Sunday, July 6, 2014

Giambi Got Screwed

Love him or hate him, Giambi's been ruthlessly victimized by defensive shifts
The widespread implementation of defensive shifts in recent years has taken God knows how many hits away from lefty pull hitters such as David Ortiz, Mark Teixeira, Adam Dunn, Ryan Howard, and Jason Giambi. How frustrating is it to watch hitters smash ground balls and line drives into short right field, only to see a re-arranged defender waiting there to gobble it up and throw them out by 20 feet at first base. Once reserved for Ted Williams and few others, shifts nowadays pose an obstacle for many players with ground ball pull tendencies, even those who bat from the right side like Edwin Encarnacion.

Giambi, now a 43 year-old role player for the Cleveland Indians, estimates he's lost 200 hits to shifts over the course of his 20 year career, which is a huge deal. Imagine if all those hits went through for base knocks; what would Giambi's numbers look like then?

If one gives him credit for 200 additional hits, his career batting average soars from .277 to .304. People today don't think of Giambi as a .300 hitter because he's batted over .260 only once since 2003, but he hit as high as .342 in 2000 and owned a .309 career average through the 2002 season. Surely we'd have a much different impression of him if he had a higher career batting average than Willie Mays and just a smidge below Hank Aaron's. Similarly, his OBP would jump from .399 to .422, which would rank 17th all-time and second only to Barry Bonds for players that debuted after Jackie Robinson broke the color barrier.

Even if we assume all those hits would have been singles (and some surely would have been some doubles), giving Giambi 200 extra total bases raises his career slugging percentage from .517 to .545, which would rank just outside the top-30. His career OPS would be at least 50 points higher than it is now, and at .966 would rank as the 15th highest mark of all-time. If Giambi's estimates are correct, he would be one of the select few players to exceed a .300 batting average, .400 on-base percentage and .500 slugging percentage for his career.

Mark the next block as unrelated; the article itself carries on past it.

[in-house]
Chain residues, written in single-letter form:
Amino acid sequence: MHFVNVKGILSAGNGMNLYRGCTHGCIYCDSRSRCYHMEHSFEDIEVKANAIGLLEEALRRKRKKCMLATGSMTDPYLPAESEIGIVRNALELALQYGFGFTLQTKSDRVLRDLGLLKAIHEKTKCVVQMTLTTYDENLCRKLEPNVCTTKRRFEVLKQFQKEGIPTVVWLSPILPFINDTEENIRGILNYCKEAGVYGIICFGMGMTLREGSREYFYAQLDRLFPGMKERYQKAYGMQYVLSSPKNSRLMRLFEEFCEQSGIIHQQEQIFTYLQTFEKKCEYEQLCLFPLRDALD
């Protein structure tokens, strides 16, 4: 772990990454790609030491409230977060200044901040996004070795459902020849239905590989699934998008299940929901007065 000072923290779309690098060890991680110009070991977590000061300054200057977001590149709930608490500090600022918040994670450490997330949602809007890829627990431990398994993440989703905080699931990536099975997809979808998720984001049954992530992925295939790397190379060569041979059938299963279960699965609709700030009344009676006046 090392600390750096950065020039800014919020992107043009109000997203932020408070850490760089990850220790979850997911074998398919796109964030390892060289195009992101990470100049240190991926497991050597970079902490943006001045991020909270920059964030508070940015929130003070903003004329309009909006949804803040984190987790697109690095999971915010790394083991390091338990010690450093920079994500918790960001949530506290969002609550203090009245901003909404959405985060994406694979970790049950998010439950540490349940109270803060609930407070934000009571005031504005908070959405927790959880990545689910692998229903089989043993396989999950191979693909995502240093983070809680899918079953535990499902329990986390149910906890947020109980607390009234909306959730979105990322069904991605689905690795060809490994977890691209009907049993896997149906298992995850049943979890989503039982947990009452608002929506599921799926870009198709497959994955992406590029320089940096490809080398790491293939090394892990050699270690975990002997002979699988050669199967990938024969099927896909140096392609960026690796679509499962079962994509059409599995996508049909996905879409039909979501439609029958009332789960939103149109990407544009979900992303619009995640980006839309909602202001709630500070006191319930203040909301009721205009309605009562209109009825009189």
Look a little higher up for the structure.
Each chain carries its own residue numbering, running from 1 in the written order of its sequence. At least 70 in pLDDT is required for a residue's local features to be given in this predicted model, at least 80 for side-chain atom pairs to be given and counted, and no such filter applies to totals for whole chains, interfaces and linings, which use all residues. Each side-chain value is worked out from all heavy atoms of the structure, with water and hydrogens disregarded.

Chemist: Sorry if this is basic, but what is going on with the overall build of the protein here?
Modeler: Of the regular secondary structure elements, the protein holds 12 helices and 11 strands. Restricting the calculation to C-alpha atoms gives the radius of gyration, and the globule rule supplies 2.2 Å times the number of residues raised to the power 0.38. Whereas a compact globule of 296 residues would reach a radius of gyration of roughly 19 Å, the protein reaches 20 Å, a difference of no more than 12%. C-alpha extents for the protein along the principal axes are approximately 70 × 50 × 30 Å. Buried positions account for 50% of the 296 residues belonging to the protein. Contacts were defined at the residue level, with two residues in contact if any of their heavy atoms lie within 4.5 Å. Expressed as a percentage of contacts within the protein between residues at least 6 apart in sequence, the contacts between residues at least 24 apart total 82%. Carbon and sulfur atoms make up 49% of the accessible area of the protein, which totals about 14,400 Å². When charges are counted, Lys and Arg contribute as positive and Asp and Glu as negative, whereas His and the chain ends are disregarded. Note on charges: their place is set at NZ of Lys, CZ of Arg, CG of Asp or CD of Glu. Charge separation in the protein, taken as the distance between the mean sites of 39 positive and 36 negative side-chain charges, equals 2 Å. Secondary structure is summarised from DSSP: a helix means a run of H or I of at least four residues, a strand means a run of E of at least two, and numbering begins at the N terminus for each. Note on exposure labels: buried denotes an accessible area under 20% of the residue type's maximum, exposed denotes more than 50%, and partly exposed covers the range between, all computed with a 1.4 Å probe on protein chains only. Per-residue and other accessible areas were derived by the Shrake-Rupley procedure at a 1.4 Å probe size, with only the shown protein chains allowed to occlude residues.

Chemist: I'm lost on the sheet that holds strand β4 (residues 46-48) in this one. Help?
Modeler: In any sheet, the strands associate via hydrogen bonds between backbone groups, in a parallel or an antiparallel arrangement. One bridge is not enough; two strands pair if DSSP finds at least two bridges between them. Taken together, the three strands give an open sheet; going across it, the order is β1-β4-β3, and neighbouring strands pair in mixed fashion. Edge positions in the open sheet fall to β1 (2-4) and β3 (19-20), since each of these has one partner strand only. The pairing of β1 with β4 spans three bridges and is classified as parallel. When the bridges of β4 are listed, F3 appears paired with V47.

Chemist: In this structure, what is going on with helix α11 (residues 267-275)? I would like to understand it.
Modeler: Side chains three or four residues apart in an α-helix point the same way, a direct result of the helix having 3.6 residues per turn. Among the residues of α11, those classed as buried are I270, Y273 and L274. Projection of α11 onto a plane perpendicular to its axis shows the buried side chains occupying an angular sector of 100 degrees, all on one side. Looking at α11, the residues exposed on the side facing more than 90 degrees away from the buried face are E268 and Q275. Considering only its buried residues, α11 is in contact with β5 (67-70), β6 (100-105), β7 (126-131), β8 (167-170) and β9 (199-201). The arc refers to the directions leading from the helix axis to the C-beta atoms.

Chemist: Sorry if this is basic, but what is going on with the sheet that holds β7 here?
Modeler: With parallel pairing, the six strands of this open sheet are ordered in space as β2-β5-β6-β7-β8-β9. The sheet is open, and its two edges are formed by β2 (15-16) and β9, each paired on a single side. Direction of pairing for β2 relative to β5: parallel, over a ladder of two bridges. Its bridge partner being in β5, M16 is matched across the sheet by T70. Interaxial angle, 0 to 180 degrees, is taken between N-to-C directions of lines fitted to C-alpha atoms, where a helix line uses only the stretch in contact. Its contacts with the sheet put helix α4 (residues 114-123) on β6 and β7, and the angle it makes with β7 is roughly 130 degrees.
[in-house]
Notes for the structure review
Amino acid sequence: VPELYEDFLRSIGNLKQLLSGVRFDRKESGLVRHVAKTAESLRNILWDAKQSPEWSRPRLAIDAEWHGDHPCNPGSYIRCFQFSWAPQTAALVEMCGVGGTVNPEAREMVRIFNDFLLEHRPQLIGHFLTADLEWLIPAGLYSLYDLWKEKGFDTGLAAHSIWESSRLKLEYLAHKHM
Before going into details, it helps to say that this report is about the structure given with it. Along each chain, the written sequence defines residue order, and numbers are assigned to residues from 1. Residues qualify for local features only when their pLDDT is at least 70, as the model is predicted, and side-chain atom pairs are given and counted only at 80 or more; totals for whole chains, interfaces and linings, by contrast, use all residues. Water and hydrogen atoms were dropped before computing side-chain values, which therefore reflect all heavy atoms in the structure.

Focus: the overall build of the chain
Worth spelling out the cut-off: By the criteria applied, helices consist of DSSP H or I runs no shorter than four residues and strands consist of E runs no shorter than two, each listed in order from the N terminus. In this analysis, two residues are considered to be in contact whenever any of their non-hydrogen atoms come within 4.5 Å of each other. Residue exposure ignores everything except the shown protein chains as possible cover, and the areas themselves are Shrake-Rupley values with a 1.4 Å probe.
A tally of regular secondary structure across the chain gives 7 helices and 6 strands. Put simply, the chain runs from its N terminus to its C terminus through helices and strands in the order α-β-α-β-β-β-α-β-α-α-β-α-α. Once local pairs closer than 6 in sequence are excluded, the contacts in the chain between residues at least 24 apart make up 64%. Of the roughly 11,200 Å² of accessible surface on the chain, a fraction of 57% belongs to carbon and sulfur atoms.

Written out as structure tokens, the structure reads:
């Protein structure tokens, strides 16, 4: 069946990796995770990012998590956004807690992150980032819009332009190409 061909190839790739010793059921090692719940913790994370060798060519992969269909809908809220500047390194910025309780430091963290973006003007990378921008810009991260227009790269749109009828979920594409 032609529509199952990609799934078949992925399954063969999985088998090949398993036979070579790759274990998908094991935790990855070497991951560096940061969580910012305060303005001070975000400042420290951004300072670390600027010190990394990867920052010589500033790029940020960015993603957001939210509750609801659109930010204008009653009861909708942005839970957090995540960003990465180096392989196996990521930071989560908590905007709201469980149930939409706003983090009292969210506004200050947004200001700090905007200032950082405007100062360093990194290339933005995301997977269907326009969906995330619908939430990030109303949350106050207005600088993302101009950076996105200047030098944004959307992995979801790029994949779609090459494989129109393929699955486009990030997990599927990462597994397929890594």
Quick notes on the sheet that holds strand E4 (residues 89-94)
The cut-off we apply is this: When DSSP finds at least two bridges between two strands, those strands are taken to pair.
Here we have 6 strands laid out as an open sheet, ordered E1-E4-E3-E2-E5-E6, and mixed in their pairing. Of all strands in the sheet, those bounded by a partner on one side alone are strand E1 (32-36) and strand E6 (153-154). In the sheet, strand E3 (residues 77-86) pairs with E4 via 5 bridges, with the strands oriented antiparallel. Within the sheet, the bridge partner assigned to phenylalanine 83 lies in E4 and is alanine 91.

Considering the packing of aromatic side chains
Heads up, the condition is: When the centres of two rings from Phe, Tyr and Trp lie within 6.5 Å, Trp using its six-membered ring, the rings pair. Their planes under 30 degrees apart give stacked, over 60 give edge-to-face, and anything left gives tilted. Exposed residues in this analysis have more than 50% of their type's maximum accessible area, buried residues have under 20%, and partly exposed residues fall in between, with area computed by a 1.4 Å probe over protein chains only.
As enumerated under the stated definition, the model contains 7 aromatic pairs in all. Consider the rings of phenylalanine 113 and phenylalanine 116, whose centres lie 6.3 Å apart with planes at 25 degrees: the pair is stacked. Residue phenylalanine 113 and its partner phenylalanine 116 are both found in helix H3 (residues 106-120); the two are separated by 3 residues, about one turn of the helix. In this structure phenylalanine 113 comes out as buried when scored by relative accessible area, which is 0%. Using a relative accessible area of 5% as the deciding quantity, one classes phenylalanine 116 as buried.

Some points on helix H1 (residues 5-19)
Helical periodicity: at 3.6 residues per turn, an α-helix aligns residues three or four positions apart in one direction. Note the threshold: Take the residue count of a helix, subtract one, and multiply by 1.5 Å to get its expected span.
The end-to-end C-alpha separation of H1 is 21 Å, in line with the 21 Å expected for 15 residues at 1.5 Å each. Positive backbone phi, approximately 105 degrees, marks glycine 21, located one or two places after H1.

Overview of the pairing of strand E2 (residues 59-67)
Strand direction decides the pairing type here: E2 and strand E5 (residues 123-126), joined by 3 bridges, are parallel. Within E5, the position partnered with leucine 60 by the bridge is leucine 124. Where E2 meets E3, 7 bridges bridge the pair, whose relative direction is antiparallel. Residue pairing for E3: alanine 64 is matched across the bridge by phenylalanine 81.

Steroids aside, Giambi didn't dominate long enough to merit serious Hall of Fame consideration. Without the shift, however, he'd be a slam dunk for Cooperstown with career slash stats in the same neighborhood as Manny Ramirez, Frank Thomas, and Mickey Mantle. So that's something to think about the next time your favorite player rips a rocket into the hole and heads back to the dugout with nothing to show for it. Shifts aren't just costing him hits: they could be costing him a Hall of Fame plaque as well.


  1. Shifts are part of the game. Nobody's getting screwed. Shame on him for not being able to hit to a wide open field.

  2. The complete hitter should be able to hit to all fields(just ask just about any player in the all-time top five list in career hits)and thus make the defense think twice about shifting. The only reason Teddy Ballgame hit to the opposite field at all was because Ty Cobb relentlessly hounded him about it and we all know that hitting advice from the Georgia Peach is worth heeding.

  3. Good points, but it's very difficult for hitters who've made a living out of pulling the ball to suddenly change their swing to start going the other way. Williams worried that doing so would ruin his swing, and he had one of the sweetest swings of all time. Probably wouldn't turn out too well for a lesser hitter in his 30s to suddenly decide he's going to hit to the opposite field more, which goes against his instincts as a power hitter.